Response to Comment on Adam et al. Metformin Effect on Nontargeted Metabolite Profiles in Patients With Type 2 Diabetes and in Multiple Murine Tissues. Diabetes 2016;65:3776–3785
We appreciate the comments of Jegatheesan et al. (1) on our article (2), as well as the remarks of Irving et al. (3). Jegatheesan et al. (1) also summarize citrulline’s beneficial effects, specifically in nonalcoholic fatty liver disease, and characterize this amino acid as a coin with two sides. They suggest citrulline as a marker of insulin resistance as well as an insulin-sensitizing amino acid (1). Although this is an interesting question, it was not the subject of our study and therefore could not be addressed (2).
We would like to emphasize that we did not speculate about a direct association between high citrulline and insulin resistance. In fact, we did not observe significantly different relative concentrations of citrulline in participants with normal glucose tolerance and with impaired glucose tolerance or type 2 diabetes (T2D) not treated with antidiabetes drugs (ndt-T2D) in the KORA (Cooperative Health Research in the Region of Augsburg) cohort (2). However, we observed significantly lowered values of citrulline when comparing the relative serum concentrations (nontargeted approach) of metformin-treated T2D (mt-T2D) patients with those of more than 1,000 participants with normal glucose tolerance, impaired glucose tolerance, and ndt-T2D, as Fig. 1A in our article showed (2). Given the assumption that these individuals represent normal levels, the observed values in mt-T2D patients are lower and not just a normalization of a supposed T2D-induced “citrullinemia” (1). All this is corroborated in murine plasma, skeletal muscle, and adipose tissue but not in the liver (2). We fully agree that understanding of the underlying mechanisms would benefit from further investigations including kidney and gut tissues. Unfortunately, these data were not present in our previous study (2).
We advise caution with the statement by Jegatheesan et al. (1) that “the liver does not play any significant role in these interorgan exchanges because liver citrulline is almost exclusively synthesized locally and channeled into the urea cycle.” It has been shown that citrulline can be taken up by the liver from the blood (4). Irrespective of the fact that the liver citrulline values we presented in Fig. 1B of our article (2) are not significantly influenced by metformin intake, it is known that the liver is the main target of metformin (5).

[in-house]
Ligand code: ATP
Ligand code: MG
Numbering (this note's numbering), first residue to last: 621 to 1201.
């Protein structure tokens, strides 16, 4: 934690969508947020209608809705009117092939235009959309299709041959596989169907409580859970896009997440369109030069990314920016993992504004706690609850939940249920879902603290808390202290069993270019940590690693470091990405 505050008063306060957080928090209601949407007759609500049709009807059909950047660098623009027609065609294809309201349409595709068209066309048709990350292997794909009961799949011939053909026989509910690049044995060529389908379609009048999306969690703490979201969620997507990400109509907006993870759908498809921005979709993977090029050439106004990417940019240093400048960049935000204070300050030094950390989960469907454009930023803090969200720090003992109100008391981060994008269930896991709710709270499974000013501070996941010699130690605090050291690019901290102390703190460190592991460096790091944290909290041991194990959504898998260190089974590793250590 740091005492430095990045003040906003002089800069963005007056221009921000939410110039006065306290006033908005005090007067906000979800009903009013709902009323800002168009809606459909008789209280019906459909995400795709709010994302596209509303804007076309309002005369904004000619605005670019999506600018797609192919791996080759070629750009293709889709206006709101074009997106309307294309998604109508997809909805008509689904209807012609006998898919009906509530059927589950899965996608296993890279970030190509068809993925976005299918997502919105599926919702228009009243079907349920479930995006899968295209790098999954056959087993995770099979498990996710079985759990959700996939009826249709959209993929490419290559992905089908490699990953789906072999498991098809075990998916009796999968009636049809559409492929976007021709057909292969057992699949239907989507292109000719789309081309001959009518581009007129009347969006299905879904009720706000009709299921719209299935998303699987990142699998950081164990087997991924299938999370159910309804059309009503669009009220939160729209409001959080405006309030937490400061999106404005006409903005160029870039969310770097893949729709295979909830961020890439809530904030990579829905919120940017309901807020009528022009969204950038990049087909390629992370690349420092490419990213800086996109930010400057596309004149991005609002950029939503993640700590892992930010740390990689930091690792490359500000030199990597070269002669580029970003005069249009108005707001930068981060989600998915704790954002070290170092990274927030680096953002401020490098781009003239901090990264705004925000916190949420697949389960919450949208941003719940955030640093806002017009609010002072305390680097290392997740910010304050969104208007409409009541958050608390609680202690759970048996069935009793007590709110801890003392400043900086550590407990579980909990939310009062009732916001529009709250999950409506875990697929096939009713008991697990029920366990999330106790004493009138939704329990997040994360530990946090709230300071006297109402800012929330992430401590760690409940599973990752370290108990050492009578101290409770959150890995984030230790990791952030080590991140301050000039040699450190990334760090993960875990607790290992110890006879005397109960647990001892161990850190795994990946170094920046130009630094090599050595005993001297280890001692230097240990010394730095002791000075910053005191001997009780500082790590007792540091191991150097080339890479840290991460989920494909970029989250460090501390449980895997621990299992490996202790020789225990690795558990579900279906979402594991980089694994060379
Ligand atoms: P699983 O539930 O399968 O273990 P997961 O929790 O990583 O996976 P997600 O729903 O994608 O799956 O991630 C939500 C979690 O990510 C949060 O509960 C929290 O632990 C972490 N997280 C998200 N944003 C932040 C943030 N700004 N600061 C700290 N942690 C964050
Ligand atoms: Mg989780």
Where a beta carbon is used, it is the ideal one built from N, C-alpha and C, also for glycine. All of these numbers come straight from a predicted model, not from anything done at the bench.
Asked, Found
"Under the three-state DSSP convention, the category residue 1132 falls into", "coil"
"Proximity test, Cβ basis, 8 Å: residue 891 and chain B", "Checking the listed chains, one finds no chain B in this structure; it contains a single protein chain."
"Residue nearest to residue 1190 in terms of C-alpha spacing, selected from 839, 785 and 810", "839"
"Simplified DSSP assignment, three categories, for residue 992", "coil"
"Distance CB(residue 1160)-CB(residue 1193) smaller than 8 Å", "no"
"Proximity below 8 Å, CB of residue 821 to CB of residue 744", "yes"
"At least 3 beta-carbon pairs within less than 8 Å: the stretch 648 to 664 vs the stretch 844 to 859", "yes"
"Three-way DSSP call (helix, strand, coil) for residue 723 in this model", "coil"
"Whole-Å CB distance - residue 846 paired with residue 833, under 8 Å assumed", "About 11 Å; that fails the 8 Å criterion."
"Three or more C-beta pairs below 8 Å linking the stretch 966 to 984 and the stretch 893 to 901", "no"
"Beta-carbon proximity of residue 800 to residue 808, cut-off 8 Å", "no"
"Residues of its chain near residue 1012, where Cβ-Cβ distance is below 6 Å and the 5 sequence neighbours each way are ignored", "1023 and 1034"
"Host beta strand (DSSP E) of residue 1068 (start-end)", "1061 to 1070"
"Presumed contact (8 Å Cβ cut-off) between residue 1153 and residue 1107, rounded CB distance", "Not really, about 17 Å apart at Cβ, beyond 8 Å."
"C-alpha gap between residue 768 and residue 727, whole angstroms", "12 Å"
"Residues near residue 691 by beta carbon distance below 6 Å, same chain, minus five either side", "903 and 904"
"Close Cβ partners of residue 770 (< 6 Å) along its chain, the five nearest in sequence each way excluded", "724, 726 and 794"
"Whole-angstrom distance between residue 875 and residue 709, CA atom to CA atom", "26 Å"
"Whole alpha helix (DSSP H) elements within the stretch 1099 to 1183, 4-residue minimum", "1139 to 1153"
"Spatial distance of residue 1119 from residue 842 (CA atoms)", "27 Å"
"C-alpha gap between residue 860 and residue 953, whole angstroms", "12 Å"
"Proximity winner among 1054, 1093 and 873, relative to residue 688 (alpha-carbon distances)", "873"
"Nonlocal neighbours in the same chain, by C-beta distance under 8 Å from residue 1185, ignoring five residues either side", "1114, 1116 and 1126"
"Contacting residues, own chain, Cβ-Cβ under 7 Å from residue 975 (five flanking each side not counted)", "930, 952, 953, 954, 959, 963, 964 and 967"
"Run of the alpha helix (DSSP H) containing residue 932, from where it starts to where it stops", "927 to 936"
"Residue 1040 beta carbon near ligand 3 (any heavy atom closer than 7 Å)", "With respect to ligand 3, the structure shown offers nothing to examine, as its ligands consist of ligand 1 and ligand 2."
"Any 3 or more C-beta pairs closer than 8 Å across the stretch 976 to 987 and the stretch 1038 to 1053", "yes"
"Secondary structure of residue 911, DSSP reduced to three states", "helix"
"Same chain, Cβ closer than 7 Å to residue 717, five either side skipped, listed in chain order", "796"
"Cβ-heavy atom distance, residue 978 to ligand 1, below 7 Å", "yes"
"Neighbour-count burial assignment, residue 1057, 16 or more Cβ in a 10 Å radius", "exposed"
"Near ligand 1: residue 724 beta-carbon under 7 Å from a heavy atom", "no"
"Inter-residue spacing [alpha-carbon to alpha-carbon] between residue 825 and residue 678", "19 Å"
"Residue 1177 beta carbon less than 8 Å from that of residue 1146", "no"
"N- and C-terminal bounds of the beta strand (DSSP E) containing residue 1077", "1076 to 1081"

In summary, we would like to expand on the question raised about the two sides of the coin to the potential coherence. Is metformin’s beneficial effect on insulin sensitivity mediated not only by inhibiting gluconeogenesis (5) but also by its effect on the nitric oxide cycle (3) and the consequent alteration of citrulline concentrations? We therefore support the suggestion by Jegatheesan et al. (1) to investigate the interaction of citrulline and metformin. Clinical studies to investigate the specific role of citrulline in T2D and its potential treatment benefits as a supplement to metformin are highly promising.
Funding. Part of this project was supported by European Union Seventh Framework Programme grant HEALTH-2013-2.4.2-1/602936 (Project CarTarDis).
Duality of Interest. No potential conflicts of interest relevant to this article were reported.
S.N. is currently affiliated with Sanofi Deutschland GmbH, R&D Diabetes Research & Translational Medicine, Frankfurt am Main, Germany.
- © 2017 by the American Diabetes Association.
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